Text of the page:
Mike Klinzing: [01:02:09] of it, all a question about that, and obviously went on to have just an unbelievable NBA career.

And as you said, goes down as, I don’t know where you want to put them, but he’s certainly in the top five all time as a, as a shooting guard. And you could, we could have that argument for, we could have that argument for days about where he slots. All right. Last question, two parter. When you look forward in the next year or two, what’s the biggest challenge that you see on the horizon.

And then number two, when you get up every morning and you drive into work, as the head coach said at Toledo, what is your biggest joy from what you currently do? So your biggest challenge and your biggest

Tod Kowalczyk: [01:02:46] joy? I think the biggest challenge is. Yeah, I’m just trying to navigate the changes with, with the name, image and likeness and the transfer portal and stuff like that.

So that’s always going [01:03:00] to be a challenge, but I think if you coach guys the right way and they get better, ultimately you’re not going to lose the ones that you don’t want to lose. And the greatest joy I love coming to the office this time of year. I love doing playbook stuff. A lot of head coaches delegate that, I love planning and preparing for our summer workouts or fall workouts and looking at how good I think we can become.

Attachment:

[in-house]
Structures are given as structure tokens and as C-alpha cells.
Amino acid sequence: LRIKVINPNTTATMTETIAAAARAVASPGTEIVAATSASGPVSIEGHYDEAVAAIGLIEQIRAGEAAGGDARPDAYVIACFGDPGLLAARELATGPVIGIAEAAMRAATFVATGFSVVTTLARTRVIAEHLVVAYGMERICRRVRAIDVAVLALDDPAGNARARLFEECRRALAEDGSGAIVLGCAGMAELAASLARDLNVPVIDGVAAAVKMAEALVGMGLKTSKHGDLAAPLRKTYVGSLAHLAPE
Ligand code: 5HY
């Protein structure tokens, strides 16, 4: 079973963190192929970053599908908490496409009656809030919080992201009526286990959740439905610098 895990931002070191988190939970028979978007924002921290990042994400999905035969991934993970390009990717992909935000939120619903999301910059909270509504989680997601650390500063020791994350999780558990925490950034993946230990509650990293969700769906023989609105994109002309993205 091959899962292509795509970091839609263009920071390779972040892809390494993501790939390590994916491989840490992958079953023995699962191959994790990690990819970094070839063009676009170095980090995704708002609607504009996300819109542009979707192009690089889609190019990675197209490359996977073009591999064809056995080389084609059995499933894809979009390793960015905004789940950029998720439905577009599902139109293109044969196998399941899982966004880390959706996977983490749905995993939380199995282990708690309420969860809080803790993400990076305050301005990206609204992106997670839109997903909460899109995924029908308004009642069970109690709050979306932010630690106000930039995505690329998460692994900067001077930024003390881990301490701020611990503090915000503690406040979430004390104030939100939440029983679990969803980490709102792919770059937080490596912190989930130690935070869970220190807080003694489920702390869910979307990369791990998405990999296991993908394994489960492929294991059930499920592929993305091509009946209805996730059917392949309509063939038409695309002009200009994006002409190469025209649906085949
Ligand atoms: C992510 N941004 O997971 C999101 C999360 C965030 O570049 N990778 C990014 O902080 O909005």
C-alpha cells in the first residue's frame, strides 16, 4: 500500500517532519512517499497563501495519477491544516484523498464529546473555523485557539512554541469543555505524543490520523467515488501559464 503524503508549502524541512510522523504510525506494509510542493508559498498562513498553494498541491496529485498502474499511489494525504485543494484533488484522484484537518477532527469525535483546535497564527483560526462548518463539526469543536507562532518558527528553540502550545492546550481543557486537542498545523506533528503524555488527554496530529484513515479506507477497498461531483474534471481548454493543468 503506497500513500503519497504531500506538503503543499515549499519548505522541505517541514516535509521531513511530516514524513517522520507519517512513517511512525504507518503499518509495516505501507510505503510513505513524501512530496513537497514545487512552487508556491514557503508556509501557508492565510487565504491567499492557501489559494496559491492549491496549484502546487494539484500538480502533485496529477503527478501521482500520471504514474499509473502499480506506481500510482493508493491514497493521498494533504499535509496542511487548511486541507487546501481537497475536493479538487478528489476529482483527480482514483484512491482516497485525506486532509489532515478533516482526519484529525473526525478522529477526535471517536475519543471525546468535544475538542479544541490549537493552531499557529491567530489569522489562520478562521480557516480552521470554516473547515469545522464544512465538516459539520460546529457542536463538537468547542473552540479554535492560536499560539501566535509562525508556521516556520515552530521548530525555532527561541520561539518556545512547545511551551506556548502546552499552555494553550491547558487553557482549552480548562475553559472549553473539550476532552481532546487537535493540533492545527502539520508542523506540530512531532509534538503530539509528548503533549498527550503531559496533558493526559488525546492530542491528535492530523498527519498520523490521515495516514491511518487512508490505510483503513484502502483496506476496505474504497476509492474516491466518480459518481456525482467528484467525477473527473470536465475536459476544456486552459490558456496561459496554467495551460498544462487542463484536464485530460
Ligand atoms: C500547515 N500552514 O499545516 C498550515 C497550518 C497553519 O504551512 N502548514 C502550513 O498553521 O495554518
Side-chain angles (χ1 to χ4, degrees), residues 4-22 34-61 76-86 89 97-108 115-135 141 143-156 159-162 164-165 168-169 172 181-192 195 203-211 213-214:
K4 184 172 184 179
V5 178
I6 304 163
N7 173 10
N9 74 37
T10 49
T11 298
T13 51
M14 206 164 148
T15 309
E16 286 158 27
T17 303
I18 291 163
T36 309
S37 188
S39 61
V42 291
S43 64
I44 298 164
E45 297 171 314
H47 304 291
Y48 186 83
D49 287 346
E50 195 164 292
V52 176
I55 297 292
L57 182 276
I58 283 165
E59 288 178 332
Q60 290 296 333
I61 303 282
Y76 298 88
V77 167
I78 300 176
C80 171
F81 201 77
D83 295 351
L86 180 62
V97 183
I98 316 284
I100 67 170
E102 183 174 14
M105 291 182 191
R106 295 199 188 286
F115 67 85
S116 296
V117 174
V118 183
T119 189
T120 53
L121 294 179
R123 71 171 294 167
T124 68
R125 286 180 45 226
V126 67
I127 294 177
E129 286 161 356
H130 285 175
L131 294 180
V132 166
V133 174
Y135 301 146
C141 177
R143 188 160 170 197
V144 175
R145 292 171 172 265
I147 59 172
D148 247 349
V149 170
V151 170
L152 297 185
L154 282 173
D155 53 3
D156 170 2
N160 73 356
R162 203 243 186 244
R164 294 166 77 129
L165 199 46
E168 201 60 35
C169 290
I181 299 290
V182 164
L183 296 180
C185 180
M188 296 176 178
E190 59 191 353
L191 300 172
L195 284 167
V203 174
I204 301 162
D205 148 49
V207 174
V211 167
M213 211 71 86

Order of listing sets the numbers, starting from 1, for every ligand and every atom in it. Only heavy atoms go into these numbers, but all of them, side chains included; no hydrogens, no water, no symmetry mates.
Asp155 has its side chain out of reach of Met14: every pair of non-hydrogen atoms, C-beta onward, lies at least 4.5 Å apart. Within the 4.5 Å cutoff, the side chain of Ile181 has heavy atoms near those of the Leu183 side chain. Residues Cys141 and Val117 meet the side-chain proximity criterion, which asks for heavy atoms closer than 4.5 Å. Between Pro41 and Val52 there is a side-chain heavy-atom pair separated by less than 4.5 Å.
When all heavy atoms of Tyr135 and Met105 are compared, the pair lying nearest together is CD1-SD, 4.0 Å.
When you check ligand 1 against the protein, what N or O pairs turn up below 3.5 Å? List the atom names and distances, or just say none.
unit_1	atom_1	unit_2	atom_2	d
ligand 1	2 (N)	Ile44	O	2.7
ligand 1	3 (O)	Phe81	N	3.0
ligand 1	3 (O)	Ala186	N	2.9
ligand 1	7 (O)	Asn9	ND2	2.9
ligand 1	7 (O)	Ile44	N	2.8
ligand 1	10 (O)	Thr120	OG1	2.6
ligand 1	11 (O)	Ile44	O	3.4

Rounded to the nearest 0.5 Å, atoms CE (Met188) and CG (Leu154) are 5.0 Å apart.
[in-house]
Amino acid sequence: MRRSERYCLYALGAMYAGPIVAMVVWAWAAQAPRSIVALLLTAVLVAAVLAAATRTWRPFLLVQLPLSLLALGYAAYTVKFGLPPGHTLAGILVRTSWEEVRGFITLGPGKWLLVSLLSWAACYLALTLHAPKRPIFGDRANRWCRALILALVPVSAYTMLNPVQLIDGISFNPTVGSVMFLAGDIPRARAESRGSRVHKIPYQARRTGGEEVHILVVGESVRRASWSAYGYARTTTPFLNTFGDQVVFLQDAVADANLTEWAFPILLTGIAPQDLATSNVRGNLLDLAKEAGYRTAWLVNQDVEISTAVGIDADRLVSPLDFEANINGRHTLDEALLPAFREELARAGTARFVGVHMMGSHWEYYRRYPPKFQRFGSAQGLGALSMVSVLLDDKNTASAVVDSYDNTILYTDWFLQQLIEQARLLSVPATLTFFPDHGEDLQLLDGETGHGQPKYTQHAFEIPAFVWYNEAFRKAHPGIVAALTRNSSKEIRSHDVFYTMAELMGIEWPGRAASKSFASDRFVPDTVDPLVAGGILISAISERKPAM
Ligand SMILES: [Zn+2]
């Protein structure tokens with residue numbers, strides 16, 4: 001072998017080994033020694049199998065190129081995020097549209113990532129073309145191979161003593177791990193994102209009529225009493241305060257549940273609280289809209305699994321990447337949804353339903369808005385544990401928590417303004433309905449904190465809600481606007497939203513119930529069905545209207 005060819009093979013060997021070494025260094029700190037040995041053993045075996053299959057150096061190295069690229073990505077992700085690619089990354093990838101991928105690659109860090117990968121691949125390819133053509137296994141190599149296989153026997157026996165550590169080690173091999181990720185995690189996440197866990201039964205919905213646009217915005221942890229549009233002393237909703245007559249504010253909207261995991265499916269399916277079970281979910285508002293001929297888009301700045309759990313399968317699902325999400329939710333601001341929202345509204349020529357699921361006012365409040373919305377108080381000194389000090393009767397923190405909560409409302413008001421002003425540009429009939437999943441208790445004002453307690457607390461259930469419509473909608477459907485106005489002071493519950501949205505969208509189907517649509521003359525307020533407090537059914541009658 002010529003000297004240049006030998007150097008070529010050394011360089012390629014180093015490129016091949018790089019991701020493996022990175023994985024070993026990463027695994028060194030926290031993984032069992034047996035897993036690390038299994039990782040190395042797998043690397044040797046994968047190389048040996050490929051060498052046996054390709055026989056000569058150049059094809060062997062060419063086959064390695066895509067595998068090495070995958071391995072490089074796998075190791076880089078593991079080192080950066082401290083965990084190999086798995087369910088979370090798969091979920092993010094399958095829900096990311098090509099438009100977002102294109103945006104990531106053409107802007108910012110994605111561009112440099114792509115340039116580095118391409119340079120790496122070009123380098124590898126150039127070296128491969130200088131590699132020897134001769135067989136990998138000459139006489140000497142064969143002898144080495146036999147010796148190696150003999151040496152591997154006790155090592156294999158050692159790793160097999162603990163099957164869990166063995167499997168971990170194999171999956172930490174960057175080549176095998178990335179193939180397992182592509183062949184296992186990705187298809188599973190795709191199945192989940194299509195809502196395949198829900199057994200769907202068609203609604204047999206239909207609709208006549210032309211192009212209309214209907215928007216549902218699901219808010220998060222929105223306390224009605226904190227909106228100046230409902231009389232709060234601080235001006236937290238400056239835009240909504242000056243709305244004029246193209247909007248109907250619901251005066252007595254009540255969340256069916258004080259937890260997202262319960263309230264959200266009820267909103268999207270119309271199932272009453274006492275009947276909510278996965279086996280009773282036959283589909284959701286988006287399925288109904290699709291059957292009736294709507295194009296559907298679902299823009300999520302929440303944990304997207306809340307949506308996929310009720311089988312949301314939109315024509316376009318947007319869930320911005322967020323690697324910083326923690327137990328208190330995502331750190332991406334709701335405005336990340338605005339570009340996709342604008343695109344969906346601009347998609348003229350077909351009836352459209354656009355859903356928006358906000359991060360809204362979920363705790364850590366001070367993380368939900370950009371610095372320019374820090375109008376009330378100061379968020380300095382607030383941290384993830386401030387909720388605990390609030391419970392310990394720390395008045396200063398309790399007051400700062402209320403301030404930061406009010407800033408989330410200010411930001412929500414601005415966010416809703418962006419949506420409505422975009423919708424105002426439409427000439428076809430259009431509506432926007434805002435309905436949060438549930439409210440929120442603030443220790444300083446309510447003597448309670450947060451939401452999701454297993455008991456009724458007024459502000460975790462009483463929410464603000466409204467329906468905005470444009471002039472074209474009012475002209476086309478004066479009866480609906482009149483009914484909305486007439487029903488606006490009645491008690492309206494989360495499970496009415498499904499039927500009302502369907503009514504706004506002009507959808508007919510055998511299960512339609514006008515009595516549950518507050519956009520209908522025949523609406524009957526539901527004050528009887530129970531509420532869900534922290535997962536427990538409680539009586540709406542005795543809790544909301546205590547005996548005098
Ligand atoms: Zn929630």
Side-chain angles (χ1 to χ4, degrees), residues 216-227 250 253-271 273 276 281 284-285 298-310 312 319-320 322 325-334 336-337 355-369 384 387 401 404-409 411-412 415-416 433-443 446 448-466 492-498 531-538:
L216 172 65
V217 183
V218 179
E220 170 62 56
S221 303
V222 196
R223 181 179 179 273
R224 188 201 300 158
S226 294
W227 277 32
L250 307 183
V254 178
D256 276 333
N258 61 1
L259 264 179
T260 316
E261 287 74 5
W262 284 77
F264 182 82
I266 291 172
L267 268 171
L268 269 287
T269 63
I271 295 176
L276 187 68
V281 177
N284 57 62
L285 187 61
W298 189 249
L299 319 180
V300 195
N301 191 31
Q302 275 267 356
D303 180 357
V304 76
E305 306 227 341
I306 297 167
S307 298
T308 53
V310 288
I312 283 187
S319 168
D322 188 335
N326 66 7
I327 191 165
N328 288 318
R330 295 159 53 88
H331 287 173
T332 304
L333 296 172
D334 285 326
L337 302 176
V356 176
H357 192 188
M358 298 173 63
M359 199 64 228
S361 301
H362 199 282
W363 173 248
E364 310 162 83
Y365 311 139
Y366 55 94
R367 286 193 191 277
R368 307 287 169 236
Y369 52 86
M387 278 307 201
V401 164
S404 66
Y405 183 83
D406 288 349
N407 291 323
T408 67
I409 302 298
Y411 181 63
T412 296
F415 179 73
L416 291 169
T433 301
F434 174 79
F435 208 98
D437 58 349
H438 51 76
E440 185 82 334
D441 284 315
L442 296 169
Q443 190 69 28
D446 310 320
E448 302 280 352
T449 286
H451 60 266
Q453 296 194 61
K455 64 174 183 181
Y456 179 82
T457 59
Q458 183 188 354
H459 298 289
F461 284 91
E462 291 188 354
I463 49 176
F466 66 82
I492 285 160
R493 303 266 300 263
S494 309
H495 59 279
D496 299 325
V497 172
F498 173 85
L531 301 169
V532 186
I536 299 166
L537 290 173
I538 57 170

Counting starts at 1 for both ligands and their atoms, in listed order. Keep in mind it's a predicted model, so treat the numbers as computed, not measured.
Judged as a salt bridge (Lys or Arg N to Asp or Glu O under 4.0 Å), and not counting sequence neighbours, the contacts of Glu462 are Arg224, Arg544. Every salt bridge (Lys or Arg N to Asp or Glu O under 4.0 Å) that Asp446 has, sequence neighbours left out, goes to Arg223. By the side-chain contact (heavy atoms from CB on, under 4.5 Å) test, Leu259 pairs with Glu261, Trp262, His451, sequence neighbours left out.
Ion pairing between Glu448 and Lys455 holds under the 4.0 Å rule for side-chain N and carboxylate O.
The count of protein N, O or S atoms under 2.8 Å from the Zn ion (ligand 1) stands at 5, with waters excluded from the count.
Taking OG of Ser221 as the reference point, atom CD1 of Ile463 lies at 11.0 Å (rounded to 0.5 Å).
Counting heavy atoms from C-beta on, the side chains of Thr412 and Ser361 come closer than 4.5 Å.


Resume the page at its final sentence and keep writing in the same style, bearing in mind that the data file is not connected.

You know, last year we had we were MAC champs that had had a heck of a year. You know, I think we got a chance and an opportunity to be better next year. Although we lost two really good players and two guys that made big shots for us. So we gotta find some guys that can lead us in the right direction.

And they’re in our program. We just gotta get them to do it. Good

Mike Klinzing: [01:03:45] answers spoken like a true coach for sure. And I cannot thank you enough for taking the time out of your schedule today, Todd, to join us before we get out, I want to give you an opportunity to just share how people can connect with you and your program, whether that be social media, whether [01:04:00] that’s just the athletics website, whatever you want to share.

And then I’ll jump back in and wrap things up.

Tod Kowalczyk: [01:04:06] Very, I respond to every, everything that people would be. I used to have coaches or any coaches about our program, so they can always reach me through email, which is just my name. It’s T O Tod’s got one D

Our practices are always open. If you’re in town and want to come watch a game, I’d be happy to give you tickets. Anything we can do tohelp grow this game. I love to.

Mike Klinzing: [01:04:39] Todd. It’s awesome. And again, I feel the same way as kind of the mission of our podcast is to help grow the game and be a resource out there for coaches.

And we thank you for being a part of it today and to everyone out there. Thanks for listening. And we will catch you on our next episode. Thanks.